# Thread: Grizzly G3617 Conversion - Timing pulley sizing and servo/stepper questions.

1. ## Grizzly G3617 Conversion - Timing pulley sizing and servo/stepper questions.

I finally got my mill so I can get underway with my addiction/new hobby.

I've been reading and reading and reading and can't find what I'd call a definitive answer on timing pulleys, specifically what ratio I should be using and what kind of motor I should get. (The machine is pretty big by most cnc hobbyist standards and it will take pretty big motors I'd assume)

I have a few emails out right now to various suppliers like Kelling, but no replies as of yet.

I was just curious as to which motor style I should get - a stepper or a servo with encoder. I constantly hear of missed steps etc are the servos that much better? What size of motor should I be considering? I want a stronger/bigger motor than you'd normally use because I plan on using it a LOT.

Am I to understand it correctly that a 4200 RPM servo motor, 4 pitch ballscrew and timing pullies with about 4.28:1 (14T/60T) - in theory should produce 245 IPM in a perfect world? (under no load, wide open)

Just in case anyone was wondering how I came up with those numbers...

4200 RPM X .250/rev = 1050 IPM with no gear reduction.

1050 IPM / 4.28:1 gear reduction = 245 IPM rapid?

Or am I not even in the ballparK? ideas? Suggestions?

Edit - for the record, this machine is just like Chich2's HAFCO shown HERE.

2. Turbostang,
Here is some information that I got from Mariss (Mr Gecko) about sizing of servos, max speeds etc. It helped me when I was trying to figure the ratios etc.

"1) Start by finding out what your motor's no-load speed is at its rated voltage. Use a strobe tach if you don't have the data.
2) Design for a speed equal to 80% of your motor's no-load RPM when your mechanism is moving at its maximum speed.
3) Calculate the RPM of the driven element (leadscrew, etc, etc) when the mechanism is moving at its max speed.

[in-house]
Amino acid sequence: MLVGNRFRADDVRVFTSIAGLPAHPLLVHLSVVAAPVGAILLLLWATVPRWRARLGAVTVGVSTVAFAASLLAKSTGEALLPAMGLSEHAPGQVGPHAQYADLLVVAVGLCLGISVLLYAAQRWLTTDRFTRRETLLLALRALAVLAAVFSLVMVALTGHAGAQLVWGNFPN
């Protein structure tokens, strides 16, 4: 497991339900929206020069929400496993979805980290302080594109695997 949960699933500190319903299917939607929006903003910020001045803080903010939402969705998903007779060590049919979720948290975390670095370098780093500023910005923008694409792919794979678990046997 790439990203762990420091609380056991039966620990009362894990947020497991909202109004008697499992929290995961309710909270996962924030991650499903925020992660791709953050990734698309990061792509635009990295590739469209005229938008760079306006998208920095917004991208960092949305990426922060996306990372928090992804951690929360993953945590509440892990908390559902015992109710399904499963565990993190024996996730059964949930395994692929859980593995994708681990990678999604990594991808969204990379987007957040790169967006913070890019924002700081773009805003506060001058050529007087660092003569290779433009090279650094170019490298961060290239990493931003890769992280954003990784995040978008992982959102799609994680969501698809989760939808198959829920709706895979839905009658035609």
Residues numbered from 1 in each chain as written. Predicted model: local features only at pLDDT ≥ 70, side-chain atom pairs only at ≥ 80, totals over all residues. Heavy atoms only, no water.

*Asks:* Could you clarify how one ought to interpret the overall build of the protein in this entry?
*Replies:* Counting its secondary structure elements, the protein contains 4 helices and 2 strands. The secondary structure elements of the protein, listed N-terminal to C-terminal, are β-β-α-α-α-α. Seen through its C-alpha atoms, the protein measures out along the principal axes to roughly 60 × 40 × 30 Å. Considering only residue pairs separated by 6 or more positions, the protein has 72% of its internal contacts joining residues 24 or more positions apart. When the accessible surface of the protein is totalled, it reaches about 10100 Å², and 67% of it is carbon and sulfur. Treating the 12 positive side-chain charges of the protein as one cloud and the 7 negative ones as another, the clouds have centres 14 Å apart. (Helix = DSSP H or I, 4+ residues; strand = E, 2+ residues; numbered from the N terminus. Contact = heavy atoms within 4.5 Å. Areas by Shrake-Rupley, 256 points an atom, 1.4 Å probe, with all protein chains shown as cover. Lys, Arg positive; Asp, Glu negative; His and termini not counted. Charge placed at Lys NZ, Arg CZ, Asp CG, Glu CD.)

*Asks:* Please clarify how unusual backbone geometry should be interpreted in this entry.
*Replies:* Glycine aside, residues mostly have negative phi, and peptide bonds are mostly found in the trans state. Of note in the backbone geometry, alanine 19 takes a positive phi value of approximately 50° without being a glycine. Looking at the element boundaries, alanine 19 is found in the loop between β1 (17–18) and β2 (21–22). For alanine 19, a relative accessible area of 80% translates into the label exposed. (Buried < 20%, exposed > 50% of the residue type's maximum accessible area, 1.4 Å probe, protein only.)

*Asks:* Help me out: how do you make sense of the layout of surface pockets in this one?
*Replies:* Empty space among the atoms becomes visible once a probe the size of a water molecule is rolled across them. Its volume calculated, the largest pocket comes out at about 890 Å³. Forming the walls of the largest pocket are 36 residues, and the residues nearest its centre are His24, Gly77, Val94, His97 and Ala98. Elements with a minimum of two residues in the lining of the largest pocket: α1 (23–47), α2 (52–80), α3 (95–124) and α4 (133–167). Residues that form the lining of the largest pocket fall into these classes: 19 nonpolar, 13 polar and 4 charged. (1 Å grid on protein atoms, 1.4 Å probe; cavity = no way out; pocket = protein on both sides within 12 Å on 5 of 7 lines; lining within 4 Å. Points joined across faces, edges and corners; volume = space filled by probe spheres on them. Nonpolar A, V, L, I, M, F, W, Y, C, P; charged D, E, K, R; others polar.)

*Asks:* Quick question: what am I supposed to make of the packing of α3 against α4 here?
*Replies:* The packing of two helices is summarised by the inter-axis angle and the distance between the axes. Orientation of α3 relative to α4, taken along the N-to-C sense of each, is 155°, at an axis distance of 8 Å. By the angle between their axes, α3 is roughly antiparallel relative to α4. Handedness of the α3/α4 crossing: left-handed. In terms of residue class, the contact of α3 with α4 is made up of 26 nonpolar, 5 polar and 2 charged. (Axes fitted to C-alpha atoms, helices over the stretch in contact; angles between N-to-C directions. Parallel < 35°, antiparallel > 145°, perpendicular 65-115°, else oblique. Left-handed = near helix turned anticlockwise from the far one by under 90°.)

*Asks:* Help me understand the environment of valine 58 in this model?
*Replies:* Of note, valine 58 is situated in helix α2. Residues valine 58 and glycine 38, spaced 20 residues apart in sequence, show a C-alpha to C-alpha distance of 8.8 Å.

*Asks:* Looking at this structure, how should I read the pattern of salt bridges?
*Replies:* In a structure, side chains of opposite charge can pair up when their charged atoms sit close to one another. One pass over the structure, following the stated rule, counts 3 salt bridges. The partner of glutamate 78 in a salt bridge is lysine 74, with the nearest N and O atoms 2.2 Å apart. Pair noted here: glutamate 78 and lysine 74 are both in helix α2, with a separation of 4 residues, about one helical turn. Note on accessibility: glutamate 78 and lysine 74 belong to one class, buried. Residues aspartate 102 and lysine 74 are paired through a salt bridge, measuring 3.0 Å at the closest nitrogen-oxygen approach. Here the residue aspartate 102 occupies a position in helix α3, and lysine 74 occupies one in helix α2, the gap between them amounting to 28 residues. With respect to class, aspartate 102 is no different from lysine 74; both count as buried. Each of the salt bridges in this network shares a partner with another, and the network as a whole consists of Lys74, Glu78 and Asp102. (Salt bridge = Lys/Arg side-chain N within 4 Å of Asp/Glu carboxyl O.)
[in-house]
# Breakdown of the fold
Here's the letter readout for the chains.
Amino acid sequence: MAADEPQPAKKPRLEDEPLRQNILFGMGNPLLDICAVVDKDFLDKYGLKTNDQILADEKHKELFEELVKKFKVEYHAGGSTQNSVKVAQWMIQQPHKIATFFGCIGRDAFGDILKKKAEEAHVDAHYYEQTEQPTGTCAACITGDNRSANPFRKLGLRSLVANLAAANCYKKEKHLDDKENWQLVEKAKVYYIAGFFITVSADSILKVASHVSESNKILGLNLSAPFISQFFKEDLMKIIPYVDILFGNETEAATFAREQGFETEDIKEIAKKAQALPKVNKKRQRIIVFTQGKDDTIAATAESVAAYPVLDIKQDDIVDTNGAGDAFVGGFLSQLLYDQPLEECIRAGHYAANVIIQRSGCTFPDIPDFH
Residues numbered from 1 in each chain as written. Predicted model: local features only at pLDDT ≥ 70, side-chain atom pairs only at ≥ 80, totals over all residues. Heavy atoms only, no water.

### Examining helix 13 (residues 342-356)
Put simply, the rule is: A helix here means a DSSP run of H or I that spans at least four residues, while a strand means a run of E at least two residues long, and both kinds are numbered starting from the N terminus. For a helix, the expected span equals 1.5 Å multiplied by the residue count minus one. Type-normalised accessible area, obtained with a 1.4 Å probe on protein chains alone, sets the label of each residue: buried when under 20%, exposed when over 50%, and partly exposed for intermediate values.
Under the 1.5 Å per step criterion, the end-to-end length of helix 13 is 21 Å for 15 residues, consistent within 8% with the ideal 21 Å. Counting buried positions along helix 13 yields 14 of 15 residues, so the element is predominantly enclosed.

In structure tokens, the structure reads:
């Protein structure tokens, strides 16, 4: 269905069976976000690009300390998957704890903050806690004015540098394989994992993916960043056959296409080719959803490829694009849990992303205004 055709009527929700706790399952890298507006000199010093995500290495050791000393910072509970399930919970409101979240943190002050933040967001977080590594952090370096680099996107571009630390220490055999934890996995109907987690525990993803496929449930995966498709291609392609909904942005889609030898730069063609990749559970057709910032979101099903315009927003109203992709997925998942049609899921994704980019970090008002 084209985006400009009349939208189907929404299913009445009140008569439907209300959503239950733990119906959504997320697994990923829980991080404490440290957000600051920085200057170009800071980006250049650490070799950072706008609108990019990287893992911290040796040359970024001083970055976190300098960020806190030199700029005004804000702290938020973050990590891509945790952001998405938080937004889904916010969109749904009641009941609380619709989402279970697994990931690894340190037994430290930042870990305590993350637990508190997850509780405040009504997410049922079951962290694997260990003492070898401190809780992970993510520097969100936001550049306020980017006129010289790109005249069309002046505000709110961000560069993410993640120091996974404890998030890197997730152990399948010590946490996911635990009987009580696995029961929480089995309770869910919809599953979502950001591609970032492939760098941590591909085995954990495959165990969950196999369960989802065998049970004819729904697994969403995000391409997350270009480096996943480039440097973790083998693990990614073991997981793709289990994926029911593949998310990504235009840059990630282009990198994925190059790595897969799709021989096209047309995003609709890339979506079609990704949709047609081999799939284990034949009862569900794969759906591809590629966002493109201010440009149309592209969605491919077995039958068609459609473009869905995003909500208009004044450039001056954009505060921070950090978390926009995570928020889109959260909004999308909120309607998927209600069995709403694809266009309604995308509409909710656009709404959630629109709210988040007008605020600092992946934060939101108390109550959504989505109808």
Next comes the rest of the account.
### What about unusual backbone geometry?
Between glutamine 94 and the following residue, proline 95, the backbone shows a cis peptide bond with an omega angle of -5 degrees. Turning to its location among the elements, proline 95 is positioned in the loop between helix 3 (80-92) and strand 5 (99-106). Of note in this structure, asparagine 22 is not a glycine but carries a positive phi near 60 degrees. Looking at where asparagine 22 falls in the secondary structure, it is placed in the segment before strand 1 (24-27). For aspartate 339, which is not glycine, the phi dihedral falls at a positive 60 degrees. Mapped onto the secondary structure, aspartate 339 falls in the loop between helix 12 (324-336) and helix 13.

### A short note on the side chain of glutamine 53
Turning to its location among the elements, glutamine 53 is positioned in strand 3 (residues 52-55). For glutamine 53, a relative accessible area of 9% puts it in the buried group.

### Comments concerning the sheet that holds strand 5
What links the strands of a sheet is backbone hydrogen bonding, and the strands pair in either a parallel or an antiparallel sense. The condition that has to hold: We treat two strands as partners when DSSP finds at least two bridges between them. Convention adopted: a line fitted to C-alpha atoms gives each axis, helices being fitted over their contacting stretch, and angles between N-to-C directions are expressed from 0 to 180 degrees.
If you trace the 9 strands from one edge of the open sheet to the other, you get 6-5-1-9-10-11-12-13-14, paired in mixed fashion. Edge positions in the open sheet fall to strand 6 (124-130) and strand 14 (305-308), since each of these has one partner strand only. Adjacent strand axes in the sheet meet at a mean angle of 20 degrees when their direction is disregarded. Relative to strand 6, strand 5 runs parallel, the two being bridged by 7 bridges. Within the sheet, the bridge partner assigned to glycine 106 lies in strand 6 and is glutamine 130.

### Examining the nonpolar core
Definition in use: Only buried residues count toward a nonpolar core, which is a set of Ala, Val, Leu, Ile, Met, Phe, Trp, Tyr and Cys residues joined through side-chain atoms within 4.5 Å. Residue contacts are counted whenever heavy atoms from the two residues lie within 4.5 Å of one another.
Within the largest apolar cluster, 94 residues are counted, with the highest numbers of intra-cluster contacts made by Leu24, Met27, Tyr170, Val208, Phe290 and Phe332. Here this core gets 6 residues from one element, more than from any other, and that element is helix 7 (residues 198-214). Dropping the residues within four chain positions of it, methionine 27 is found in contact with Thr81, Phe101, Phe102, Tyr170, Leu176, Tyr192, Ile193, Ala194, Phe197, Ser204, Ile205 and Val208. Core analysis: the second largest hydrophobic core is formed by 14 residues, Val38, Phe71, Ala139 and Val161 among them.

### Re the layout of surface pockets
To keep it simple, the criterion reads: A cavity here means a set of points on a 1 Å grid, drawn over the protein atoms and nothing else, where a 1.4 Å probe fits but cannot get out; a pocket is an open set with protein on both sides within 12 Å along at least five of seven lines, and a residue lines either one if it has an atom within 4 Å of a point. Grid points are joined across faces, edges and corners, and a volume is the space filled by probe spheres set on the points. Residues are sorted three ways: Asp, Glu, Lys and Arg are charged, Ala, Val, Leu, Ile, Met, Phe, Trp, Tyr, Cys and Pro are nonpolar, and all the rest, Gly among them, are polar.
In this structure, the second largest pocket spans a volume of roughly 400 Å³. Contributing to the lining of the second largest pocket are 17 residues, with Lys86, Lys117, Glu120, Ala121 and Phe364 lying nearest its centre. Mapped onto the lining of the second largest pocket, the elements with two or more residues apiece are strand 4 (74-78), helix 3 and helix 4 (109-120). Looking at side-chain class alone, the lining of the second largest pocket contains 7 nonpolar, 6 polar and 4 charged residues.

4) Divide that RPM into 80% motor no-load speed. That will be the optimal reduction ratio from motor to load. Use a toothed-belt for anti-backlash reduction.
5) Determine what is your software's maximum step pulse rate. It'll be published somewhere. Convert your motor no-load RPM into revs per second (divide RPM by 60)
and divide that by 4. Divide that into your software's max step frequency. The result will be the maximum encoder line count.
Pick the next lowest standard mfg encoder line count. In other words, if your result is 566.66 lines, pick a 500-line encoder."

3. Hi, Im doing a RF45 clone and was advised by many people to just go with servos and encoders from the start, that steppers were ok for a mini mill but not for what I wanted to do. I have been advised that the 1100 oz servos from http://www.camtronics-cnc.com/ would work great for my rf45 mill. It has a 32 by 9.5 in table. I would think that for your X and Y axis they would work fine also . You might check with the guys in the bridgeport forum here what size servo they use on their Z axis knee. The Z might need more gear reduction than the other 2 axis. Maybe some other members will advise what pulley ratios they are using. Read this also : Lathemaster Square Column Mill ? I will post more later. Dave